into correlated action with the jaws. The posterior portion of the sub-œsophageal mass receives nerves from, and also gives off nerves (14) to, the branchiæ and other viscera, as well as to the mantle (13, 13).
The auditory organs and their nerves are also connected with this branchial and pallial ganglion. These organs are lodged in the substance of the cartilaginous framework investing the nerve-ganglia—a structure which seems to answer to a rudimentary skull. The roots of the auditory nerves are probably principally in relation with the pallial portion of the branchio-pallial ganglion. The locomotions of these creatures are largely brought about by contractions of the pallial chamber, though these contractions of the mantle are also subservient to the respiratory function.
The share which the branchio-pallial ganglia take in bringing about and regulating the movements of the cuttle-fish would seem to explain the connection of the auditory nerves with them rather than with the homologues of the pedal ganglion, with which the auditory saccules are in relation in most other mollusks. But, whatever may be the precise explanation of the different connections of the auditory nerves in the cuttle-fish tribe, the fact remains that their connections are still away from the brain proper. They are, as in most other Mollusca and in those insects in which auditory organs are known to occur, in intimate relation with one of the principal motor centres.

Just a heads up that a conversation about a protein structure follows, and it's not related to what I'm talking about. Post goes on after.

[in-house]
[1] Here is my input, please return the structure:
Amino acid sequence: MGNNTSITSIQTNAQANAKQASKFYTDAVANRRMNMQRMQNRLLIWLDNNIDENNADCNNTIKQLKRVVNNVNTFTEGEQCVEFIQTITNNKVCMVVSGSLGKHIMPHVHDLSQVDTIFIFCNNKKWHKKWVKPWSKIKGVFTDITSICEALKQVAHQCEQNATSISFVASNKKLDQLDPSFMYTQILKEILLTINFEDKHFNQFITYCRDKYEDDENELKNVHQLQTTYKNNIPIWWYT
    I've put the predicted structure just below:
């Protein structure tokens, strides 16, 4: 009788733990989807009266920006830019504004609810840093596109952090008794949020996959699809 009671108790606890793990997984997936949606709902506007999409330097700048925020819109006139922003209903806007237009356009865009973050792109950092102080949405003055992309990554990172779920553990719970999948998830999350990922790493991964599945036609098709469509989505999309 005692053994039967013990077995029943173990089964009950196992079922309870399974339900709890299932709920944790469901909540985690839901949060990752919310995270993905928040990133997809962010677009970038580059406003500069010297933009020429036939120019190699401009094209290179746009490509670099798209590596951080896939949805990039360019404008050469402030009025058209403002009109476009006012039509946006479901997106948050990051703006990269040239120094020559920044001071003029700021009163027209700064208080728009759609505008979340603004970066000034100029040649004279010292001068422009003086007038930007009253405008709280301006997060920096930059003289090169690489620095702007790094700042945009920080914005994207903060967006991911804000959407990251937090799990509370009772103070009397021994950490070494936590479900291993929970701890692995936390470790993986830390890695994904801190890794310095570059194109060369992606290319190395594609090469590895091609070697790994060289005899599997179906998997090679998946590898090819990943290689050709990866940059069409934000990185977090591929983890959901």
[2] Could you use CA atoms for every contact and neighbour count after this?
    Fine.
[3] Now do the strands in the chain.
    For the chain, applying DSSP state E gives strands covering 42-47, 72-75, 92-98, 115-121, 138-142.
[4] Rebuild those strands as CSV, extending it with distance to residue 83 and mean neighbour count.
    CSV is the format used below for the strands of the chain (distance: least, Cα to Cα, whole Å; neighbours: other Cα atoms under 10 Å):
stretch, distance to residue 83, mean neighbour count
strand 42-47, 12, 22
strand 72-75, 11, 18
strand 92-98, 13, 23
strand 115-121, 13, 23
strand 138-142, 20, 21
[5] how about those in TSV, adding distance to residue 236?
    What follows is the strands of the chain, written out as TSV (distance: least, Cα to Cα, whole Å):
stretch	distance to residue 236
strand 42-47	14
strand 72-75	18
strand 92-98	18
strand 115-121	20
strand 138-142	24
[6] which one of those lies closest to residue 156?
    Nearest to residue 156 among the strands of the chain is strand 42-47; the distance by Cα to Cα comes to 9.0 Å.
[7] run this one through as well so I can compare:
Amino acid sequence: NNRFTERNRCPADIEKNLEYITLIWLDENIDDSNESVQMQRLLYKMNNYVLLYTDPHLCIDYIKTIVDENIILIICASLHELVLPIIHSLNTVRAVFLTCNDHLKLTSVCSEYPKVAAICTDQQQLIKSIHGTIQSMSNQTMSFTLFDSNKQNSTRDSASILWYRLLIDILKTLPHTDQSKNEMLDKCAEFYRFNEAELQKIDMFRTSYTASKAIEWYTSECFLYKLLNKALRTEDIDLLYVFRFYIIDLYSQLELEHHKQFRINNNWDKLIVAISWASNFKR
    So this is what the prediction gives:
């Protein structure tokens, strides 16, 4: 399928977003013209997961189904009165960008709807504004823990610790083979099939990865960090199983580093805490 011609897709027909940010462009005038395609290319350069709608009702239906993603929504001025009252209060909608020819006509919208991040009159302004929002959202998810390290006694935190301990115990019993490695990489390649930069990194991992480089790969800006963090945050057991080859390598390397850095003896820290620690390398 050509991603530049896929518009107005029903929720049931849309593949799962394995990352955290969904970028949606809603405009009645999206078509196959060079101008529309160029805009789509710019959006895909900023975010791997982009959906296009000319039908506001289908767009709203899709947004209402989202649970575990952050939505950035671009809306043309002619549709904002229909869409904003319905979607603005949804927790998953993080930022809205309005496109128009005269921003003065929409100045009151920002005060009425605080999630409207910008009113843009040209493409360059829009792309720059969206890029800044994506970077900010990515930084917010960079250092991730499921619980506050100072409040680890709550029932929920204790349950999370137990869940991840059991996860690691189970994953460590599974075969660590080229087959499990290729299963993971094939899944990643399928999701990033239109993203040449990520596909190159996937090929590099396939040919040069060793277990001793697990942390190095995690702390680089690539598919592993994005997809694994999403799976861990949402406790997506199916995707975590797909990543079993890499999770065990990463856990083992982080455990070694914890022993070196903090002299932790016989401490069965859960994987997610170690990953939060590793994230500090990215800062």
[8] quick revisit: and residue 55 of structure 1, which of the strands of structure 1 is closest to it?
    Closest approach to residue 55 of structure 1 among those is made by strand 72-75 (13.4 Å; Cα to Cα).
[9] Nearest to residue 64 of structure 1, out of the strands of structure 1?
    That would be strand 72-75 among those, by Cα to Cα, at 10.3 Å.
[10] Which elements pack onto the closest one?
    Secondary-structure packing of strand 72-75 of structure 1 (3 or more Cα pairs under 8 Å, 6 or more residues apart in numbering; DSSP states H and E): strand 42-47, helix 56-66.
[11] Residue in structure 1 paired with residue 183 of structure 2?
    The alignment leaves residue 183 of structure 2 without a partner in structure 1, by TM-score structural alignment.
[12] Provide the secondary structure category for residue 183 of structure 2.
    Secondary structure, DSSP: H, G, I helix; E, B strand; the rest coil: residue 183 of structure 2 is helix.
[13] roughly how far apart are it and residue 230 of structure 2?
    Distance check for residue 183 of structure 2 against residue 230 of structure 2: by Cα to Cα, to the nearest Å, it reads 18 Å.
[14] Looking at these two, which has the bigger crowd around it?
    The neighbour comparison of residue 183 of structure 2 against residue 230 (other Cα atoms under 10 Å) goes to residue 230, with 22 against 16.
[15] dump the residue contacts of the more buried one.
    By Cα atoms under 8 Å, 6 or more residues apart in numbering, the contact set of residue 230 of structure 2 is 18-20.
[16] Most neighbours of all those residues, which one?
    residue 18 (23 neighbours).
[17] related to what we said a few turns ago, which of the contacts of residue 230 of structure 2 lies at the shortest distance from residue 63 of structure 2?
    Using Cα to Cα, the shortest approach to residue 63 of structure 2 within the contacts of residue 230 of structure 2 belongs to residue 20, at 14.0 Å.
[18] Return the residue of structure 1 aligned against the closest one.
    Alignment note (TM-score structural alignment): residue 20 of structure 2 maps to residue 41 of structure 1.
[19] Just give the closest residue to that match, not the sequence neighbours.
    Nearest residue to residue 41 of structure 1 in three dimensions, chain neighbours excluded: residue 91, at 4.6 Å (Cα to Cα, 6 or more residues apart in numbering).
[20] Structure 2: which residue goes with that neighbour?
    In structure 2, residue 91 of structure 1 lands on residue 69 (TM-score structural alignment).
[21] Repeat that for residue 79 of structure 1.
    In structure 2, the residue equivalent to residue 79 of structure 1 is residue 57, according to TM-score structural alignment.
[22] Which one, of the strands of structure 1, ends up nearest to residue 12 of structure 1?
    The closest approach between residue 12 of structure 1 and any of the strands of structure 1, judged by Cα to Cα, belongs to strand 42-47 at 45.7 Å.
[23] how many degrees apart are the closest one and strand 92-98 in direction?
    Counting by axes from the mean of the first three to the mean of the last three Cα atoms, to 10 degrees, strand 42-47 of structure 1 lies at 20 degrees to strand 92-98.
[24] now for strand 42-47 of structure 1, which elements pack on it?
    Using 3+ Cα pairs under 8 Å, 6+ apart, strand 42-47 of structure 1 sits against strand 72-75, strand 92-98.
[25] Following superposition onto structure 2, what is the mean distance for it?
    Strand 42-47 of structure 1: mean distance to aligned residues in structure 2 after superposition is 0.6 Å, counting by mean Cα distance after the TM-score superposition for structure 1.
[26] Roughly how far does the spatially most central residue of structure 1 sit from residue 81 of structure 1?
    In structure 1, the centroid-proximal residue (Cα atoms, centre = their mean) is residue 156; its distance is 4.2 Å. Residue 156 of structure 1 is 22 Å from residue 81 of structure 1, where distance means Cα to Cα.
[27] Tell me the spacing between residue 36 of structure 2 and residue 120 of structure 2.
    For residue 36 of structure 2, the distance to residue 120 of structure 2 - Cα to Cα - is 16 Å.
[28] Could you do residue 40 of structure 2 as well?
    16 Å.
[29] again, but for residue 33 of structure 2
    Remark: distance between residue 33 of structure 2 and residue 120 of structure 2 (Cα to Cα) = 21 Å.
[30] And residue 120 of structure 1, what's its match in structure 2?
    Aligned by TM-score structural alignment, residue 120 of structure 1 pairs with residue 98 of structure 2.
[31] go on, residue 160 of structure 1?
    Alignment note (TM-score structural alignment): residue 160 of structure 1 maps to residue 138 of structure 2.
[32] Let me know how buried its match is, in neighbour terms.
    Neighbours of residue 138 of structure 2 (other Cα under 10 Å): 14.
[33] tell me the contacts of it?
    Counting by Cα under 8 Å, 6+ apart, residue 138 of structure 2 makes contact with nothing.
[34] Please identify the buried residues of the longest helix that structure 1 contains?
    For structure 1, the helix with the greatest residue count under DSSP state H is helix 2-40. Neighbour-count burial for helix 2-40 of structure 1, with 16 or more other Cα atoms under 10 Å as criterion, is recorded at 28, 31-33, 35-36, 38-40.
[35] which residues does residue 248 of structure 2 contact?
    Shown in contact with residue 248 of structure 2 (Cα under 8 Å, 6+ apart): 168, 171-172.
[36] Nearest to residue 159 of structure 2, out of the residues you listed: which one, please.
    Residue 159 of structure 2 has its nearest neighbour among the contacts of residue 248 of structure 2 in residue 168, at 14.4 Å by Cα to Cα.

This survey of some of the principal forms of the invertebrate brain, brief though it has been, should have sufficed to call attention to the following important facts and inferences:
1. That sedentary animals, though they may possess a nervous system, are often headless, and then have nothing answering to a brain.
2. That where a brain does exist, it is invariably a double organ. Its two halves may be widely separated from one another, though at other times they are fused into a single mass.
3. That the component or elementary parts of the brain in these lower animals are ganglia in connection with some of those special impressible parts or sense-organs, by means of which the animal is brought into harmony with its environment or medium.
4. That the sensory ganglia, which as an aggregate constitute the brain of invertebrate animals, are connected with one another both on the same and on opposite sides of the body, either by continuous growth or by means of commissures.
5. The size of the brain as a whole, or of its several parts, is strictly regulated by the development of the animal's special sense-organs. This is so, because, the more these impressible surfaces become elaborated and attuned to help in discriminating between numerous different external impressions, the larger are the ganglionic masses with which their nerves are in relation.
6. Of the several sense-organs and sensory ganglia whose activity